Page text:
- You feel like something, somewhere in the company, is always on fire, and you go to work with some trepidation about what’s about to break next.
So: growth is great. But it comes with its fair share of challenges. As a data person, you’ll be asked to keep track of specific numbers that your businesspeople (and your investors, if you have any!) will use to determine if the growth you’re experiencing is any good.
These numbers are things like:
- Customer acquisition costs — how much does it take to acquire a new customer? If you’re an ecommerce company, you may be paying for Facebook ads to get new users to your site. If you’re a B2B SaaS company, you may be paying sales reps to sign on large deals with enterprises.
- The retention rate of customers using your service. This is important in a SaaS context because it defines the ‘payback period’ — that is, how long before you recoup the customer acquisition cost. (To read more about this topic, check out our post on developing an intuitive understanding of the SaaS quick ratio.)
- The percentage of customers who make repeat purchases, and the size of each transaction. This is important in an ecommerce context because it determines the kinds of marketing spend you can sustainably do. If customers buy regularly, you can spend more to acquire them; similarly, if they spend large amounts per cart checkout, you can invest more heavily into marketing.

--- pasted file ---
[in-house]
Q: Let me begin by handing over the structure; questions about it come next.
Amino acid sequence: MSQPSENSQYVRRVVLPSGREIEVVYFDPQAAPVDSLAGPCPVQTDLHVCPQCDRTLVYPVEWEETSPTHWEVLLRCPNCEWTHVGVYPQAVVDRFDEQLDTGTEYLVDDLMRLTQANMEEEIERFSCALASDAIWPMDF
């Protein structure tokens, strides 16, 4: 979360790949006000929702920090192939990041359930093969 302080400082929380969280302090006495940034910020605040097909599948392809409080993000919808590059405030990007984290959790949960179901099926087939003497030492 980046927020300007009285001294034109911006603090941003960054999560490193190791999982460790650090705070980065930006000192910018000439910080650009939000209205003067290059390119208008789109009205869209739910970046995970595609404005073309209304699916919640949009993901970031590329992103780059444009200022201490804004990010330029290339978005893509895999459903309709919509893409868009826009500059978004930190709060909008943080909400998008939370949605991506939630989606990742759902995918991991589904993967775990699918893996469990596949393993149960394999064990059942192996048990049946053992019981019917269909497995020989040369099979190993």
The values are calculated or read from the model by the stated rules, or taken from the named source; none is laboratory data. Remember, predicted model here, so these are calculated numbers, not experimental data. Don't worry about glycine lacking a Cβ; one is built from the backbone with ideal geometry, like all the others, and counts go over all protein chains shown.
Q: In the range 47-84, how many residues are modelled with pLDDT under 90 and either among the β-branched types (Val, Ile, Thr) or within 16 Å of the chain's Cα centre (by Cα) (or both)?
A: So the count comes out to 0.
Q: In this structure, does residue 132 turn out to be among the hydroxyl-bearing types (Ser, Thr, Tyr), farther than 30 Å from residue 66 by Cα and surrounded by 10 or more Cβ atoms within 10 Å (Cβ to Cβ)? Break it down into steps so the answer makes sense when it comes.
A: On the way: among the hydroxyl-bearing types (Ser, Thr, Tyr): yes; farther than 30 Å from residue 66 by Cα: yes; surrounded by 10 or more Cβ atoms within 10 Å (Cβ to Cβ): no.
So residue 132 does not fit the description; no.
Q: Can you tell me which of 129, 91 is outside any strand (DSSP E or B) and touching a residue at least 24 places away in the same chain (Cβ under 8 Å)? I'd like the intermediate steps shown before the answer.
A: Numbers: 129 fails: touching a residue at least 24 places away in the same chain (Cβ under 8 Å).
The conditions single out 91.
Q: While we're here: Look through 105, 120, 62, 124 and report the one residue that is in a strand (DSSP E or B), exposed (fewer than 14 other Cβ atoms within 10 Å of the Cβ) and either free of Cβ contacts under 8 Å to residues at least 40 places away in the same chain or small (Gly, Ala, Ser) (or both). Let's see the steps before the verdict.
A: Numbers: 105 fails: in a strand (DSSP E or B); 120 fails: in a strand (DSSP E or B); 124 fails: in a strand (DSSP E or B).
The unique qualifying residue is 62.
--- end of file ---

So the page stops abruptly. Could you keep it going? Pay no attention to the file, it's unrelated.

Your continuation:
- The ongoing costs necessary to serve your customers, and — more importantly! — the gross margins that you make from each customer. These costs could include infrastructure and sales costs if you are an enterprise software company; it could be cost of goods sold if you are a manufacturer like Tesla, or it could be the inventory spend and the marketing costs if you are an ecommerce company.
The scale stage contains as many possible metrics as there are industry types. Instead of going through all of them (a hopeless task!), an easier approach would be to walk through the fundamental economics of this stage. Again, the goal is to understand how business works; if you understand the fundamental principles, you may then work out the specific metrics for your particular domain.
Growth Can Be Bad, Too
The key to understanding this stage is to understand that growth can be bad as well.
Here are a couple of stories to demonstrate this fact:
Story One — Growth On Borrowed Money
Some entrepreneurs taste success on a smaller scale and become obsessed with growth, losing sight of the moneymaking basics along the way. Let’s say that you run a vending machine business, and you deploy soda fountains and dispensers to restaurants and to convenience shops. You pay $3000 per installation, but then you collect $200 a month from each location for the ingredients and sodas you supply.